The Pileated Woodpecker (Dryocopus pileatus) is a large woodpecker native to North America. This crow-sized bird normally inhabits deciduous forests in eastern North America, the Great Lakes, the boreal forests of Canada, and parts of the Pacific coast. It is the second-largest woodpecker in the United States, after the critically endangered and possibly extinct Ivory-billed Woodpecker. The term “pileated” refers to the bird’s prominent red crest, with the term from the Latin pileatus meaning “capped” [Wikipedia]
They are mainly black with a red crest and have a white line down the sides of the throat. They show white on the wings in flight. The flight of these birds is strong and direct but has an undulating quality, similar to the relatively unique flight-style of all woodpeckers. Adult males have a red line from the bill to the throat, in adult females these are black.
Look (and listen) for Pileated Woodpeckers whacking at dead trees and fallen logs in search of their main prey, carpenter ants, leaving unique rectangular holes in the wood. The nest holes these birds make offer crucial shelter to many species including swifts, owls, ducks, bats, and pine martens. [All About Birds]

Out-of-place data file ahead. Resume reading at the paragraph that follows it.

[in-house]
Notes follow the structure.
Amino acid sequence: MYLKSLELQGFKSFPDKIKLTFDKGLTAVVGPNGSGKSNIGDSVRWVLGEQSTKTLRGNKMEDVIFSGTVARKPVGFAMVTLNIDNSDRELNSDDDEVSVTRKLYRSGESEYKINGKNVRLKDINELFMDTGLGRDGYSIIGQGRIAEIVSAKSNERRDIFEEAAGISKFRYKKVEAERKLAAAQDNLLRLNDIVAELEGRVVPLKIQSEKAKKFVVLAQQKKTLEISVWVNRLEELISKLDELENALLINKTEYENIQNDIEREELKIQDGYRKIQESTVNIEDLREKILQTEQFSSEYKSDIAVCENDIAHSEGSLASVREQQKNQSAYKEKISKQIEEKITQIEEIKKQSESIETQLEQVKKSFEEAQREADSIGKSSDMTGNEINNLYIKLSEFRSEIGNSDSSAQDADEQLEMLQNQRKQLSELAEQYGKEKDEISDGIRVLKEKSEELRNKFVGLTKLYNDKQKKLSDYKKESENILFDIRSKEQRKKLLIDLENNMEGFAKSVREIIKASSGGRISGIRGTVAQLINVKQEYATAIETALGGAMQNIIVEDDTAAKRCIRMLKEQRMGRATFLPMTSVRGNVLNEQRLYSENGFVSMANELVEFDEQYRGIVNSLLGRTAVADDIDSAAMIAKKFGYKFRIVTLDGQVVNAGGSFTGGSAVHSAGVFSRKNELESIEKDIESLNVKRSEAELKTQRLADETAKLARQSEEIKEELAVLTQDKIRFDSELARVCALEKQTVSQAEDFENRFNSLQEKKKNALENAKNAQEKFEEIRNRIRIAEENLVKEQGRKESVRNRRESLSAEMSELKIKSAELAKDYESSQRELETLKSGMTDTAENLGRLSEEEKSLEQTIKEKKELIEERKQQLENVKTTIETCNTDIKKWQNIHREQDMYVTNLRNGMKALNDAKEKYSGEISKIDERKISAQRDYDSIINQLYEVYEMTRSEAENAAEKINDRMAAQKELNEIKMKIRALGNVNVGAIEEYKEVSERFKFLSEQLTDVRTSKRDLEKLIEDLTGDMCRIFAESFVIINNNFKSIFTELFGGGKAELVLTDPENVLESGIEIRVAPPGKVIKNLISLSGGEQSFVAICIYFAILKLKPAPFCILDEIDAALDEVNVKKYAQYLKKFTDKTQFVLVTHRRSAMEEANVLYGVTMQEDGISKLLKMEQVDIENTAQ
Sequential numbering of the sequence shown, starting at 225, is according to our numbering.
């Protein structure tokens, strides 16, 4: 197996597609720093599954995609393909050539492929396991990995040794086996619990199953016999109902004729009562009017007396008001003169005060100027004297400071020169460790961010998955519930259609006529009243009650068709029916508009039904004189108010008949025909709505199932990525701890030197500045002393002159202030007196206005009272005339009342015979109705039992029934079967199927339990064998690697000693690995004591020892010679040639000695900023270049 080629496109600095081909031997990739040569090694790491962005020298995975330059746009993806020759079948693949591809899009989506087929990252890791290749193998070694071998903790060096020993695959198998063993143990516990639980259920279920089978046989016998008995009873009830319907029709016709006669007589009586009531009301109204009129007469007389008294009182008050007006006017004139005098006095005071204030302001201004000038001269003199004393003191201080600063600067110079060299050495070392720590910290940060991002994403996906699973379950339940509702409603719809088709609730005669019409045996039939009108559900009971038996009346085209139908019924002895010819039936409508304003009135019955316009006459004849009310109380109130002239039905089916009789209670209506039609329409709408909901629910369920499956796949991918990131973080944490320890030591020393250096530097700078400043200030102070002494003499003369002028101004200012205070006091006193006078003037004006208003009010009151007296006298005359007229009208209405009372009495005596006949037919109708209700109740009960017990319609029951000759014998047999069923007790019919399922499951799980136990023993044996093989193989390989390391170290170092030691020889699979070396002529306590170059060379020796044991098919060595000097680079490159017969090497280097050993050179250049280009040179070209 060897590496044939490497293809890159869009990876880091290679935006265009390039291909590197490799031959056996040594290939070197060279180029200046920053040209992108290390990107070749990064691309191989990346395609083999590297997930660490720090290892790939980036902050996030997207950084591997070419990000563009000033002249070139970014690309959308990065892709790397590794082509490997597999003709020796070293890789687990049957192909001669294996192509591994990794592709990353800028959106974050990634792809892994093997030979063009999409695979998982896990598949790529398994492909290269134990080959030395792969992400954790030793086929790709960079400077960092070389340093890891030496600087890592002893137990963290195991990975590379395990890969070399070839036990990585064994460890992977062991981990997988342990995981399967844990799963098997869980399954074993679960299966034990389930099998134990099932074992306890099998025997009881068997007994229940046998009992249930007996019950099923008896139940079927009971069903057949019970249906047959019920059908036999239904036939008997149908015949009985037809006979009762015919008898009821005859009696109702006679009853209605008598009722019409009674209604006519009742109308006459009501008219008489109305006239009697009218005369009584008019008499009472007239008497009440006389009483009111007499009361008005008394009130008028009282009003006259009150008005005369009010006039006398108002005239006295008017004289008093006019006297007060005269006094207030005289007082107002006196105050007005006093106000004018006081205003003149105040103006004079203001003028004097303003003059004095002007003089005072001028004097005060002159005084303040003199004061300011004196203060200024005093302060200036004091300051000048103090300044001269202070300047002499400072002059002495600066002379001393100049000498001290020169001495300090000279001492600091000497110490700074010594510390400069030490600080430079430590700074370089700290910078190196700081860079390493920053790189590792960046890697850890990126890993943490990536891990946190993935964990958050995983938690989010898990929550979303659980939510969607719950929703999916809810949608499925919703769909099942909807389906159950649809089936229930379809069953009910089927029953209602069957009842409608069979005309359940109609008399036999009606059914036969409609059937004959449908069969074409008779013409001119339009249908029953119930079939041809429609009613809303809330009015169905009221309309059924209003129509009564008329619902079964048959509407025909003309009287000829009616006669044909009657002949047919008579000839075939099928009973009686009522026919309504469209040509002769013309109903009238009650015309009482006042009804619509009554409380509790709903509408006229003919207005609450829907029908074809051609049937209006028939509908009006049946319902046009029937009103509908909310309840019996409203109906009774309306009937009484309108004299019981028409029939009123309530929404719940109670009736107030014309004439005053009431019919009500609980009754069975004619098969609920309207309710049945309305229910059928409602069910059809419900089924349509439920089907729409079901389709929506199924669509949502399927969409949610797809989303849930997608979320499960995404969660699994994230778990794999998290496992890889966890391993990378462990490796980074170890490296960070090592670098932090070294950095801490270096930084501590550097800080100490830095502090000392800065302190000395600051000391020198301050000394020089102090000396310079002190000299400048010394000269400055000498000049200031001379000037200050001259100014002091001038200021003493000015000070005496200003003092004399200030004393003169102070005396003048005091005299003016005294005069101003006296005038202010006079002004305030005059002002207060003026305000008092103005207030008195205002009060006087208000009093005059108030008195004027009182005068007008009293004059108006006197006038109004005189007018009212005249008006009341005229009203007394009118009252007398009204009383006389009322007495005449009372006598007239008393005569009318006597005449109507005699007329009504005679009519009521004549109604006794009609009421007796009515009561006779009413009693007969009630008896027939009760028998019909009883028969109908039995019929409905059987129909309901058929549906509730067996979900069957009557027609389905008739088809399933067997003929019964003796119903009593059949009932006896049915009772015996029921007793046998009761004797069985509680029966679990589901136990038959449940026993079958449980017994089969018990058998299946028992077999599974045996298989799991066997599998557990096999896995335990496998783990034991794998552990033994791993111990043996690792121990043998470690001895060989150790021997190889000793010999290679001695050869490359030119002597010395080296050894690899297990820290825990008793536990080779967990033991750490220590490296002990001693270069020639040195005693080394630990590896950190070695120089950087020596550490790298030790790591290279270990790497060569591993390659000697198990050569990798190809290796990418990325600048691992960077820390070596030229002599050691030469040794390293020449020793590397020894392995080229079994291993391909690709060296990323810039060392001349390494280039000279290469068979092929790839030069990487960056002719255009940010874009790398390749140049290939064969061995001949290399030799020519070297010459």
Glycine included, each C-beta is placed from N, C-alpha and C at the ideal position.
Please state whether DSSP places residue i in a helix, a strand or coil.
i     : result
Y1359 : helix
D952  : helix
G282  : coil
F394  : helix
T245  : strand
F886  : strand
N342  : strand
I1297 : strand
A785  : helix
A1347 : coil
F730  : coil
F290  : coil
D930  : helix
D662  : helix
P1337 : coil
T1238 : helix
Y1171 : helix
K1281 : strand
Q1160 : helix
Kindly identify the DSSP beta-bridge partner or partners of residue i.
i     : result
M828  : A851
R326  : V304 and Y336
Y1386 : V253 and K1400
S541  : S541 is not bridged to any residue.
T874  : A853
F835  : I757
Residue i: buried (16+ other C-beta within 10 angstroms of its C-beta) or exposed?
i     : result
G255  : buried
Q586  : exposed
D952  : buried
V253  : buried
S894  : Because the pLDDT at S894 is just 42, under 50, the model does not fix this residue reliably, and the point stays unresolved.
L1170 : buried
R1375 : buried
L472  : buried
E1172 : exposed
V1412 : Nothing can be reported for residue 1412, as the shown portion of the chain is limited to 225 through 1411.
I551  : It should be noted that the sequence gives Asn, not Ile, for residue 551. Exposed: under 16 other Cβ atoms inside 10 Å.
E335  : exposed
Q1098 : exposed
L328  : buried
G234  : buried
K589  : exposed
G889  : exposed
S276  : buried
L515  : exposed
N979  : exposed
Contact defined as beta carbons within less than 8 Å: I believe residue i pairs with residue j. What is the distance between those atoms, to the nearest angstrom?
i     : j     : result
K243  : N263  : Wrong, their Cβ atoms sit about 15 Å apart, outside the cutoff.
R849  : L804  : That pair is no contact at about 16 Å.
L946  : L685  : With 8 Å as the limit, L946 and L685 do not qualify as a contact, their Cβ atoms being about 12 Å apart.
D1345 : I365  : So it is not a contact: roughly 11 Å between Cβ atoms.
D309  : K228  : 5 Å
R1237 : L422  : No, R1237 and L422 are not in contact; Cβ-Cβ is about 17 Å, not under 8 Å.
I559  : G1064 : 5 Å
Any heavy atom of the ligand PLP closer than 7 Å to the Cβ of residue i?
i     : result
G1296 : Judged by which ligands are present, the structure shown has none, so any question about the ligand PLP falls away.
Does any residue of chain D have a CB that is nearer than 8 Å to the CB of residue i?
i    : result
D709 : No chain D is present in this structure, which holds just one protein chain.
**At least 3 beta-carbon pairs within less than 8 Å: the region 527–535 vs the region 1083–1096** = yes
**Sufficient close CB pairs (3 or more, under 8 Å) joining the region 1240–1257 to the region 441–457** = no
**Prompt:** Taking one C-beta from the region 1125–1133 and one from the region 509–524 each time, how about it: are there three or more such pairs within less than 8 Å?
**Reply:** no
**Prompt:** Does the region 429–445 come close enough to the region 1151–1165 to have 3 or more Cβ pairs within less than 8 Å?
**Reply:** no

Pileated Woodpecker Facts [All About Birds]
- The Pileated Woodpecker digs characteristically rectangular holes in trees to find ants. These excavations can be so broad and deep that they can cause small trees to break in half.
- The Pileated Woodpecker prefers large trees for nesting. In young forests, it will use any large trees remaining from before the forest was cut. Because these trees are larger than the rest of the forest, they present a lightning hazard to the nesting birds.
- A Pileated Woodpecker pair stays together on its territory all year round. It will defend the territory in all seasons but will tolerate new arrivals during the winter.
- The oldest known Pileated Woodpecker was a male, and at least 12 years, 11 months old when he was recaptured and rereleased during banding operations in Maryland.